After five years of work, electricity consumers in San Benito, Monterey and Santa Cruz counties this month began receiving lower cost, “cleaner” electric power.
The Monterey Bay Community Power agency began delivering power to business and commercial customers March 1. Residential customers will be connected to agency’s “green” power sources July 1. Residents and businesses are automatically enrolled as customers of Monterey Bay Community Power.
All but two local jurisdictions, Del Rey Oaks and King City, signed up to join the joint three-county non-profit power agency, which offers several “green energy” alternatives to all PG&E customers. All commercial customers beginning March 1 and all residential customers beginning July 1 are automatically enrolled in the alternative, which will provide not only energy from cleaner sources but also a 3 percent cut in electric rates.
Some 37,500 commercial, agricultural, industrial and municipal customers representing nearly two-thirds of the region’s total power load started receiving Monterey Bay Community Power service on March 1, while about 235,000 residential customers will come online July 1.
In multiple mailings this spring, customers are given a choice to “opt out” of the automatic enrollment, if they want to continue getting electricity from PG&E.
Allowed under state law since the early 2000s, community choice energy agencies like Monterey Bay Community Power have been in operation since 2010. There are now a dozen in California including Santa Clara County, Los Angeles County and Ventura County.
Under the community choice model, Monterey Bay Community Power takes over the purchase of power from PG&E, replacing it with purchases from carbon-free hydroelectric, wind and solar sources. In addition to reducing greenhouse gas emissions, the new non-profit, intergovernmental agency offers customers slightly lower rates.
PG&E will continue handling power distribution through its existing system, along with maintenance, billing and customer service, and will charge local customers for those services.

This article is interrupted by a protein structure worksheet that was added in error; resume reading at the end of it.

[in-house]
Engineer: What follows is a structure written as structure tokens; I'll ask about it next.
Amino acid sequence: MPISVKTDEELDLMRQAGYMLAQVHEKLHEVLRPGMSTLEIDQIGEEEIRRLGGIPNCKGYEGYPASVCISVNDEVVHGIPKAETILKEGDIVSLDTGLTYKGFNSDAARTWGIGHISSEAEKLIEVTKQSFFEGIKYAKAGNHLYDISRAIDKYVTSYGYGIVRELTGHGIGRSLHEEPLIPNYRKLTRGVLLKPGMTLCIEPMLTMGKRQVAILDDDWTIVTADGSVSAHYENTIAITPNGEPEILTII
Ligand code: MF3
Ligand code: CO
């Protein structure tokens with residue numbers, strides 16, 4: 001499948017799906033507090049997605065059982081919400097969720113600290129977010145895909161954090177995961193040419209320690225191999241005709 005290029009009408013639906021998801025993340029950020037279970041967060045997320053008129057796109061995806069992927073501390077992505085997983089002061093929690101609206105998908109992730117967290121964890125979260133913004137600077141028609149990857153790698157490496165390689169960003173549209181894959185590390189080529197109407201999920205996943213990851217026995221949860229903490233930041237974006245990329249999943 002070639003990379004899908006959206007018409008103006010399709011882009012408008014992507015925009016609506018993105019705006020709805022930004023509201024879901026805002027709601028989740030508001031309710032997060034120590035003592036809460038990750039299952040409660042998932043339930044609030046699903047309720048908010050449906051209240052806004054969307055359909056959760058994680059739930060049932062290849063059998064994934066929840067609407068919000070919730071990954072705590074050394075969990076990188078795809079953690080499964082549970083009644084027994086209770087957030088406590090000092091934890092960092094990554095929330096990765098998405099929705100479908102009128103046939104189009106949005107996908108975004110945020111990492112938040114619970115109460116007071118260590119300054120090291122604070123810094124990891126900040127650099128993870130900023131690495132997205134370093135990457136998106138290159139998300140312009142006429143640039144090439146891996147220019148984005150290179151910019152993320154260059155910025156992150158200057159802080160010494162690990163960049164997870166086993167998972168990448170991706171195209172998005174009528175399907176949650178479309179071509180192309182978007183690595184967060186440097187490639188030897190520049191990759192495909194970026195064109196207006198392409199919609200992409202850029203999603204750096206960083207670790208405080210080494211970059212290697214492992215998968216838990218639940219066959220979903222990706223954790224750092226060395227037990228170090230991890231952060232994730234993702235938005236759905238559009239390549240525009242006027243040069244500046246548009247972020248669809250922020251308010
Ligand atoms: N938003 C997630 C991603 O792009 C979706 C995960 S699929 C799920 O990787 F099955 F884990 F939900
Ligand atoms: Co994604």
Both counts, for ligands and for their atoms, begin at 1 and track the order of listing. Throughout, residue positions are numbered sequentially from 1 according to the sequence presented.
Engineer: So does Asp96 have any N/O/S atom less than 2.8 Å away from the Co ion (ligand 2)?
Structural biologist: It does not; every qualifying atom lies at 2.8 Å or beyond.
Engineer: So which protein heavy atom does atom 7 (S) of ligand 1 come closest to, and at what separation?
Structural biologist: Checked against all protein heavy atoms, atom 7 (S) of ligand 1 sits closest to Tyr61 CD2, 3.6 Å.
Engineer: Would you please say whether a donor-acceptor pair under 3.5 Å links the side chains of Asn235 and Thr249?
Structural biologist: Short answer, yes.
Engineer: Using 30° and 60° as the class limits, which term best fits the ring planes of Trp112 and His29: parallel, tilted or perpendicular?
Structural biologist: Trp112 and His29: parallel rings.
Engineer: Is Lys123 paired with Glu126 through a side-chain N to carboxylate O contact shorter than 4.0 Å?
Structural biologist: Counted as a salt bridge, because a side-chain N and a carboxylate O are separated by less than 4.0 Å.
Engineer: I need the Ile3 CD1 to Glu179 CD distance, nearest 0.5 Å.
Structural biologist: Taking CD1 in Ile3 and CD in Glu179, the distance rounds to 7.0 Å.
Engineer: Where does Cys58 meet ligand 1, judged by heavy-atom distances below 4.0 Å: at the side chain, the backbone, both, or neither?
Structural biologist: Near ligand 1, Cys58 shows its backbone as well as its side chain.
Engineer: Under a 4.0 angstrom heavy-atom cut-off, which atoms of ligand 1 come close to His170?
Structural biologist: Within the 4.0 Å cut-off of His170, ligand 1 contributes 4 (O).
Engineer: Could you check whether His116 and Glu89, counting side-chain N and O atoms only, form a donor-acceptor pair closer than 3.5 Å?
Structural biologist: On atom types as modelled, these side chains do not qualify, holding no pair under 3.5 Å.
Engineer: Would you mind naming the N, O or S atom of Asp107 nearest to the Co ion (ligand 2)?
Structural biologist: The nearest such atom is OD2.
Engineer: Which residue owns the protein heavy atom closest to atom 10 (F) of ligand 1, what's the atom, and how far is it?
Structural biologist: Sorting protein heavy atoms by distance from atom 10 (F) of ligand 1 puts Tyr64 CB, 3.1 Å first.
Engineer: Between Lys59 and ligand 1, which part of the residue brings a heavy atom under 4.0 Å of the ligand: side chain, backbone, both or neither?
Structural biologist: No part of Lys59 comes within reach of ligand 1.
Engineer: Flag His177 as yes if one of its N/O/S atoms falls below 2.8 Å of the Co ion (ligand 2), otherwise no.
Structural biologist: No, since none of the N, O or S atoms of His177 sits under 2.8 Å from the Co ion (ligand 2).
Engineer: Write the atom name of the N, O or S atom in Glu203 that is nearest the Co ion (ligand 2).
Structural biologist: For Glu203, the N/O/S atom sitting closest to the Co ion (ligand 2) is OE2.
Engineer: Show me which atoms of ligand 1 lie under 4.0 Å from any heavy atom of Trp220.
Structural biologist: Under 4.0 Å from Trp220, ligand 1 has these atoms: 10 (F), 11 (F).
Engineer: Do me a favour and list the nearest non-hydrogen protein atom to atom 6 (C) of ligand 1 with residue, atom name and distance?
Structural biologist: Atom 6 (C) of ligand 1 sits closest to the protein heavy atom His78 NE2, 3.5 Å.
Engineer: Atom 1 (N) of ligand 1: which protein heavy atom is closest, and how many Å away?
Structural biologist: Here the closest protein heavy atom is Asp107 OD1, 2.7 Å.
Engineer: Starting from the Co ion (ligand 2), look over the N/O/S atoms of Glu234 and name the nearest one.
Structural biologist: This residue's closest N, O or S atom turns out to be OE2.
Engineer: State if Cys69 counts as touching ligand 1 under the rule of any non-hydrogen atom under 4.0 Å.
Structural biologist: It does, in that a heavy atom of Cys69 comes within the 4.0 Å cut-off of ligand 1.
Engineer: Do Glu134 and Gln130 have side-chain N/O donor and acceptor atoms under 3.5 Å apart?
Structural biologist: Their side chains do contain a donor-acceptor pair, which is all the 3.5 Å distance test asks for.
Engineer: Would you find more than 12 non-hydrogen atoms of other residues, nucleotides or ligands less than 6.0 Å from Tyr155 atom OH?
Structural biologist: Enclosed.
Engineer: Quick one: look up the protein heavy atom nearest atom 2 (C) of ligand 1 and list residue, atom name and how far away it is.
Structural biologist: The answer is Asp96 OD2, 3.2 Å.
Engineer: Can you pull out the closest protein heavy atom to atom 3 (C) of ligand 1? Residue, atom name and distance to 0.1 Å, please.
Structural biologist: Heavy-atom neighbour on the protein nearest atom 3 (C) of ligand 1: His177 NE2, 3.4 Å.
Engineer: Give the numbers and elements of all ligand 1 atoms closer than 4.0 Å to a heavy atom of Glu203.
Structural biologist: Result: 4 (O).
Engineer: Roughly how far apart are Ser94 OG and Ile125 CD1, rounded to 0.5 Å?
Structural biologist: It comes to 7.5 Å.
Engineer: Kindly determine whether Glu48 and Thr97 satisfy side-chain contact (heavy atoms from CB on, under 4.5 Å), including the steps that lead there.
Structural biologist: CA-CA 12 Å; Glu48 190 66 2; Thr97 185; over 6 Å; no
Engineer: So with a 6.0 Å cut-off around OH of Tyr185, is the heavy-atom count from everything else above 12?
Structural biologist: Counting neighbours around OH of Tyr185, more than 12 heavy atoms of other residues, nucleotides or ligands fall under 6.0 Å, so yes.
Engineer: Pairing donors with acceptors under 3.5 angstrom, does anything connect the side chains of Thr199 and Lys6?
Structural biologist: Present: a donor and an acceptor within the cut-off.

Residential customers will be offered 3-percent rebates on their annual bills, while non-residential customers will get their 3-percent rebate on a quarterly or bi-annual basis.
The new power agency will collect 2 percent of annual power generation revenue projected at $175 million this year and $260 million next year for investment in local green energy projects such as wind and solar.
The agency will offer customers an opportunity to sign up for one of three programs, including MBchoice which will credit the 3-percent rebate to customer bills, MBgreen+ which will allocate the 3-percent rebate to local green energy projects, and MBshare which will allow customers to donate the 3-percent rebate to local non-profit green energy initiatives through the Community Foundation.
The new agency offers three key benefits, available through all service offerings: reduction in greenhouse gas emissions, lower cost to customers and investment in our local community. MBCP procures electricity from 100 percent carbon-free sources such as solar, wind and hydroelectric.
In addition to being carbon-free, the new agency’s power offerings are classified as 30 percent renewable, exceeding state requirements. It will not procure power from nuclear or fossil-based sources.
Less than 1 percent of all non-residential customers have opted out of then new agency, according to power agency staff, and a slightly higher percentage of residential customers are expected to do so.
Monterey Bay Community Power outreach coordinator Marc Adato said in response to non-residential customers’ concerns about fluctuating power rates, the agency is working on a proposal that would offer those customers a guarantee that their local rates would never exceed PG&E’s no matter how much they fluctuate in addition to a minimum 1.5-percent rebate. The proposal still needs approval from the power agency’s policy board, Adato said.